Hollywood Book Review
Writing like Jack Kerouac and Sam Kinison’s long lost cousin, Dan K. Oh provides a comedic confessional in “The Ugly Guys Club.” A self-described member of the organization, Oh blends writer Kerouac’s stream-of-conscious style with the profane musings of shock comic Kinison. In “On the Road,” Kerouac admitted, “the only people for me are the mad ones, the ones who are mad to live, mad to talk, mad to be saved…” In “The Ugly Guys Club”, the author explains, “I didn’t possess the alluring sex appeal or self confidence that girls expect to find in a typical single young male.” [pg 237] Often it seems “The Ugly Guys Club” could be subtitled “On the Make.” Yet despite its occasional bursts of anger and even Kinison-level misogyny, the honesty and pathos of this book makes it a compelling read.
Indeed, for me this book is almost a form of outsider art, like those pencil drawings on notebook paper or 100,000 word manuscripts unearthed after the passing of an anonymous hermit. Oh isn’t trying to match literary convention or style, he’s trying to get the reader to feel what he feels, see what he sees. In his depiction of life in Los Angeles, a place many have called the loneliest city in America, he succeeds. Oh plays himself in the book, as a seemingly exaggerated stand-in for his own persona. It’s impossible to know how much is real in books like these –– that’s part of their charm. Still, much of it has the ring of authentic and painful truth, such as when he goes out to dinner with Jeannie, the young woman who has imprisoned him in the dreaded “friend zone.” After she blithely announces her engagement, she’s flabbergasted by his reaction. To Oh her announcement was not just “a regular kind of bombshell –––– no, that came from the MOAB bomb… the mother of all bombs… I had a heartquake.”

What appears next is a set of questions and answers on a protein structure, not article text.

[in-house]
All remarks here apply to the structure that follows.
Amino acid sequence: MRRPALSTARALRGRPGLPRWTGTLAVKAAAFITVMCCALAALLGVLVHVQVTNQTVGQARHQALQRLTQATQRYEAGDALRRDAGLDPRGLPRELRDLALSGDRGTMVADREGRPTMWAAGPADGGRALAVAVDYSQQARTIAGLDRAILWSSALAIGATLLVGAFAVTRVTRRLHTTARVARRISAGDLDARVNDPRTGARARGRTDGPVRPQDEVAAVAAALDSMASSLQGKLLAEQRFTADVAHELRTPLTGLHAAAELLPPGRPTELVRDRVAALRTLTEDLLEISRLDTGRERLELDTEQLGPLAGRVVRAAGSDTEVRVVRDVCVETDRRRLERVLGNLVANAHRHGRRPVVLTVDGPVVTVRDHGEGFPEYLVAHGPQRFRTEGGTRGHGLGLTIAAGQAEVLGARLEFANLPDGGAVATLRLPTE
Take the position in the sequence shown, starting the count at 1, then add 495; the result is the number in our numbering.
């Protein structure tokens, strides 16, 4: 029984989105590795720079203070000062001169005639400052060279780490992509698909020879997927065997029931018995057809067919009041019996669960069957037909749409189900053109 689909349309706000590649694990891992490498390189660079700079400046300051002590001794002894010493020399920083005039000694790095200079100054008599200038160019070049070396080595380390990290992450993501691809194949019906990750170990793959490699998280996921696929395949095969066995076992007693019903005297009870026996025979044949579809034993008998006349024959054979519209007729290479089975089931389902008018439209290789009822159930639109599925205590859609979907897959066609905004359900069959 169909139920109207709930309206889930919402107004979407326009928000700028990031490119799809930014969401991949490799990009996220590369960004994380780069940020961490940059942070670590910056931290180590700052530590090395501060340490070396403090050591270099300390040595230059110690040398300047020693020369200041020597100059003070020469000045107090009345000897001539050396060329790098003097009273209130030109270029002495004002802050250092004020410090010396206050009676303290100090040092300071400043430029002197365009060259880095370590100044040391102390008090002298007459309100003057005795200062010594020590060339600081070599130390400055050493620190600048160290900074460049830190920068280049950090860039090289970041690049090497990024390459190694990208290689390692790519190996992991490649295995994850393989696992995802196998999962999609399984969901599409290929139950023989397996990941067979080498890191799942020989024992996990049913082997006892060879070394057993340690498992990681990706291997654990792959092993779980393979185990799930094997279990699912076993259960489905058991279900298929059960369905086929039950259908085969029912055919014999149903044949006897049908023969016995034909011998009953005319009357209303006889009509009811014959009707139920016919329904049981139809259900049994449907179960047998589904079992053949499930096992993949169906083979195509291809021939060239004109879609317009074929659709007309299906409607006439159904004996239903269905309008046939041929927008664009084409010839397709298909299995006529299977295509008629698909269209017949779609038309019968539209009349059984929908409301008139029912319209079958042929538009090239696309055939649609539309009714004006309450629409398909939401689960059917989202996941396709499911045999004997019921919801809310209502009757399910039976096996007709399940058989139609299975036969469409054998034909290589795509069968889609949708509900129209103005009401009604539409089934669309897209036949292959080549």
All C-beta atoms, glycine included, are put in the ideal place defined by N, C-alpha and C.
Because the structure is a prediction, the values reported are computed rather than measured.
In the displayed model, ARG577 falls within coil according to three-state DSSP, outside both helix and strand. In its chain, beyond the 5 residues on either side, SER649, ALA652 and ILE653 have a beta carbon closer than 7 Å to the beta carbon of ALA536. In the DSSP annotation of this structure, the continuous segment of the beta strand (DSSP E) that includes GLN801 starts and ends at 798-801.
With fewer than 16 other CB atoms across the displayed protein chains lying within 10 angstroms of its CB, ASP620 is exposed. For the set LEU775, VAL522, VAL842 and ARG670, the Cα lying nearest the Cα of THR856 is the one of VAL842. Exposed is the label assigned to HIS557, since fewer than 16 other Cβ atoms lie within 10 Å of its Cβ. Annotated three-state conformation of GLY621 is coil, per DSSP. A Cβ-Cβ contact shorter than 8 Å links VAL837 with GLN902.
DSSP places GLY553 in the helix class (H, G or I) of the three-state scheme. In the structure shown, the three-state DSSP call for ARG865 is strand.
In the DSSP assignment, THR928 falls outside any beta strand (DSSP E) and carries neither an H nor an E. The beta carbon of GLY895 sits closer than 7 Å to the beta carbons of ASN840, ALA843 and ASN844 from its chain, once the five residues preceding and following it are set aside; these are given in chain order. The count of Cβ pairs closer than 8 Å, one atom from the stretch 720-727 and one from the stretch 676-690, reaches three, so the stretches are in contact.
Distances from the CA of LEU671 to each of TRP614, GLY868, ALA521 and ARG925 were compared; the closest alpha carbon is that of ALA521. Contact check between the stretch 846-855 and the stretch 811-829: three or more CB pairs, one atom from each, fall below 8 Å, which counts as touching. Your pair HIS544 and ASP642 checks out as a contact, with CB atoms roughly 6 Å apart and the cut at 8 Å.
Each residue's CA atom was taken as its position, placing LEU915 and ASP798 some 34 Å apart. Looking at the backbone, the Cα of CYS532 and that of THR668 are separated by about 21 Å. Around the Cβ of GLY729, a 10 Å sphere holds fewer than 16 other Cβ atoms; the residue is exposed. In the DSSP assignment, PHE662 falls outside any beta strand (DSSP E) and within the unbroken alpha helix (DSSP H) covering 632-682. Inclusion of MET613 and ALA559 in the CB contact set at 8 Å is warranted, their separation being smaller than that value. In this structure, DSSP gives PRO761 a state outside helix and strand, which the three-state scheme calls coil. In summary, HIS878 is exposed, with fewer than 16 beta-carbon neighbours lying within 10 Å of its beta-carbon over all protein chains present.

Oh’s heart quakes often. It’s a book he describes as “Boy meets girl. Boy loses girl. Boy blames God.” While blaming a higher power for the perceived inequality of beauty is fairly fruitless, there’s no question that Oh does more than just blame. He also dreams and schemes. Besides depicting his lack of success with women in Los Angeles, he also describes his similar lack of success earning money to woo women in Los Angeles. As he details the ways he falls for a multi-level marketing scheme and is constantly shorted as a waiter, it’s impossible not to feel compassion for his plight, along with a fair amount of amusement.
Perhaps the pretty people of the population could take some time away from helping the homeless or saving the whales. Surely a date or three with someone less blessed by genetics might do even more to help our troubled planet. Truth is, no matter how attractive a person is, everyone has at least once pursued someone who didn’t share their feelings. For that reason, we can all at one point or another feel like card-carrying members of “The Ugly Guys Club.” This is why I think women, as well as men, will find much to think about, or even laugh about, in Oh’s book.